Which explains a date Marie Schantz* had a few years ago.
She met a charming, good-looking man at a speed-dating event.
“He said, ‘Not really.’ After being pushed, he came back with, ‘Well, Easter Island.’ ‘Well, that’s interesting,’ I said. I never left the airport.’ “It turned out he was only interested in becoming part of the top 5 percent of a frequent flier top-tier program. Just flew from place to place building points,” Ottenstein adds.
“It turns out he had met—and slept with—this other woman the night before,” Schantz says.
(But) I’ve been alone for a few years now and it seems harder than ever to meet a man. ” This may come as a shock, but being a single woman looking for love in Southwest Florida poses some challenges. “(Perhaps) my prince is riding his white horse somewhere else?
“I’m thinking I’m either hard to match—wonderful as I am—or this is a geographically undesirable area for me,” says Eddy, who splits her time between homes in Fort Myers and the Panhandle.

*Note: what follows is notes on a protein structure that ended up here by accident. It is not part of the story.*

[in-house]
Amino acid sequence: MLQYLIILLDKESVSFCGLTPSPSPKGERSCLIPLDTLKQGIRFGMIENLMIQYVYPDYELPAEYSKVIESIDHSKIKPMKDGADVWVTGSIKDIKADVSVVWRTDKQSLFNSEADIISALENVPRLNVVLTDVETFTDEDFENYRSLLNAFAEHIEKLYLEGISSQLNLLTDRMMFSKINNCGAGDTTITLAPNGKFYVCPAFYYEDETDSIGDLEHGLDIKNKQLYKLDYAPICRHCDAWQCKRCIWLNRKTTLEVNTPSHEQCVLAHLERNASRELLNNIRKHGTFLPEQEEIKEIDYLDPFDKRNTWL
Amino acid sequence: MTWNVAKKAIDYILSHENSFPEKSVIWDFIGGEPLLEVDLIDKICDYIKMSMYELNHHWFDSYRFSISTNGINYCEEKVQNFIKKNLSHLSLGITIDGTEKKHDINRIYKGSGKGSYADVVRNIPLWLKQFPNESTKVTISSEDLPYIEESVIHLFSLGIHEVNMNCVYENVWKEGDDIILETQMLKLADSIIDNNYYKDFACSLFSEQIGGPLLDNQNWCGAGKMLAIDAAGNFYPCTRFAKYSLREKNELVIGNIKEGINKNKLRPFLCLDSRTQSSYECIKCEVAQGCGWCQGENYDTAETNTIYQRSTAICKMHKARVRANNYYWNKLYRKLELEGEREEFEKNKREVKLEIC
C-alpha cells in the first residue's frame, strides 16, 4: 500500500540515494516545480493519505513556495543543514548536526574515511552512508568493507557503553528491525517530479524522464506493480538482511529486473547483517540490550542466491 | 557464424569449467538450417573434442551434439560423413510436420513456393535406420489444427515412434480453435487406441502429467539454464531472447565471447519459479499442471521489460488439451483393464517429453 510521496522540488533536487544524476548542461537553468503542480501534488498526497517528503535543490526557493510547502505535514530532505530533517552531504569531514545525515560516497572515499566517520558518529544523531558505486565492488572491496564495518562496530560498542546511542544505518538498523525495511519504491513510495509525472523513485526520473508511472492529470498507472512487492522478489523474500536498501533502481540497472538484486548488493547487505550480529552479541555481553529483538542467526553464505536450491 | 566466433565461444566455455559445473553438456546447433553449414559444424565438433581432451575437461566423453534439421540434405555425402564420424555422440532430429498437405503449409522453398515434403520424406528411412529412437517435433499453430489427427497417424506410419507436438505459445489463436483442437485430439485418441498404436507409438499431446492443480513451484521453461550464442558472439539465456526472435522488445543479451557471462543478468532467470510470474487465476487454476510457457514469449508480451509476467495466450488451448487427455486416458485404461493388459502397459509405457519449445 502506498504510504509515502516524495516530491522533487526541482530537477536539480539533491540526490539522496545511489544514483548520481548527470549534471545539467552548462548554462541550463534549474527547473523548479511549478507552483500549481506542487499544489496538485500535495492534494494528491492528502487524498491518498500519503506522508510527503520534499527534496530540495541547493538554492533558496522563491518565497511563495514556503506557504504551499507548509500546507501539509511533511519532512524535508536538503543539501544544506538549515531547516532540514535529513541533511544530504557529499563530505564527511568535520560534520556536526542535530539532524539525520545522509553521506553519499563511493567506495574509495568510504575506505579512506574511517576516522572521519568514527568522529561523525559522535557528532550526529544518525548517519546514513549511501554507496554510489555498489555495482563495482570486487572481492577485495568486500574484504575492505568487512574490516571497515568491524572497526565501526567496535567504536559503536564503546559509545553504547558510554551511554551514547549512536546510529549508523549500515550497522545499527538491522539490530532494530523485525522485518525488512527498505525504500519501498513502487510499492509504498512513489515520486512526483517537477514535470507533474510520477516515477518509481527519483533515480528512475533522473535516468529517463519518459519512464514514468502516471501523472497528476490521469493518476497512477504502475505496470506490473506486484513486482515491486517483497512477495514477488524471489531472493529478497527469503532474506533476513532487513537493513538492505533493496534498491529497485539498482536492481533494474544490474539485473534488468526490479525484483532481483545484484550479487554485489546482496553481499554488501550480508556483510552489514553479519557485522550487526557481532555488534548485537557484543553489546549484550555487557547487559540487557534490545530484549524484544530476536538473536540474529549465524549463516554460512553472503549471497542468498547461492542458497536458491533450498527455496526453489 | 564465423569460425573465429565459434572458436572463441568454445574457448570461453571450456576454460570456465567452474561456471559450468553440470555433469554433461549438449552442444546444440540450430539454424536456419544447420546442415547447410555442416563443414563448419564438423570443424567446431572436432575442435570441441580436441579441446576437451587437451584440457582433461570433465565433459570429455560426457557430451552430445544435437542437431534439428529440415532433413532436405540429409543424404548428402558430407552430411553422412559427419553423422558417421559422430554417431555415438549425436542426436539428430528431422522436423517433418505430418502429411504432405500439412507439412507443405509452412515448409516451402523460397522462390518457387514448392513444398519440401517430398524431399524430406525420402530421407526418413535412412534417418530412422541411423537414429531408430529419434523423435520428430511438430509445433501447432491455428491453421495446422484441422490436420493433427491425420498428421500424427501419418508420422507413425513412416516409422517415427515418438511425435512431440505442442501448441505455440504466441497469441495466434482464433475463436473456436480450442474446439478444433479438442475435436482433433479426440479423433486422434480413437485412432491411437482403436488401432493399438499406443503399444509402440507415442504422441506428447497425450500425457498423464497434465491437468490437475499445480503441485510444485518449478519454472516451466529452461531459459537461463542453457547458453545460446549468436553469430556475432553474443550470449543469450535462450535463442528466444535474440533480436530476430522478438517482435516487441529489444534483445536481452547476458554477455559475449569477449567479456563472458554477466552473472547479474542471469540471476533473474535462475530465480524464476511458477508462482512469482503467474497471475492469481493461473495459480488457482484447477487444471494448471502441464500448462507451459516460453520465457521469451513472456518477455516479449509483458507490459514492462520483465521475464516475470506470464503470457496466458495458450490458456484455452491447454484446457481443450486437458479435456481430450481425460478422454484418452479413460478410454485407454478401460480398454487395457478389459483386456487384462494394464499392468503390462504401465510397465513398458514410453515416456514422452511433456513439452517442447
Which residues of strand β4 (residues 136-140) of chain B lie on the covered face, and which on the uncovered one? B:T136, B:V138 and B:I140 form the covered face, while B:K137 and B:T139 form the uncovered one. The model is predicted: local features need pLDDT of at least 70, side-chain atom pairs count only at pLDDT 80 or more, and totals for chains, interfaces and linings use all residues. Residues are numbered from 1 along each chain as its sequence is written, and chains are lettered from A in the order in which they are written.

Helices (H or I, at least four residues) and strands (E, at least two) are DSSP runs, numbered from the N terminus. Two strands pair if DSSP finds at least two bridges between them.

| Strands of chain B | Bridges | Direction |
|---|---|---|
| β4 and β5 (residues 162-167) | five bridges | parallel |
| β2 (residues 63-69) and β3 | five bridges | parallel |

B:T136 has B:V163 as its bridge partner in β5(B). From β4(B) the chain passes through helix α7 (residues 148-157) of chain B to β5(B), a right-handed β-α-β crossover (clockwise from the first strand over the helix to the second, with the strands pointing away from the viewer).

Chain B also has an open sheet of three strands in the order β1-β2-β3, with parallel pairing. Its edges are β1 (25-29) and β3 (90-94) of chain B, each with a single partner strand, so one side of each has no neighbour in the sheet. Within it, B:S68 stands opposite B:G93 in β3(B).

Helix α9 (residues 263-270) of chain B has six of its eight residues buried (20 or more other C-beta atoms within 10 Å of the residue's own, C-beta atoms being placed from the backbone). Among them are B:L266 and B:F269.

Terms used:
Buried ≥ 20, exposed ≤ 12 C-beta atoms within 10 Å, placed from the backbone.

The same can be said for Stephanie Rogers*, a 50-year-old philanthropist who’s been divorced for several years and struggles to find local men of any caliber who hold her interest. So the truth is we don’t really know just how many single men there really are in Southwest Florida—could be hundreds of thousands or, as Clarkson says, “there are 15.” But even if the lack of actual single men isn’t a problem, the lack of “qualified” men certainly is.
Let’s face it: Many single women in this area are in a financially secure place; they’ve either made money on their own, been left it by a deceased spouse, or married well and divorced better.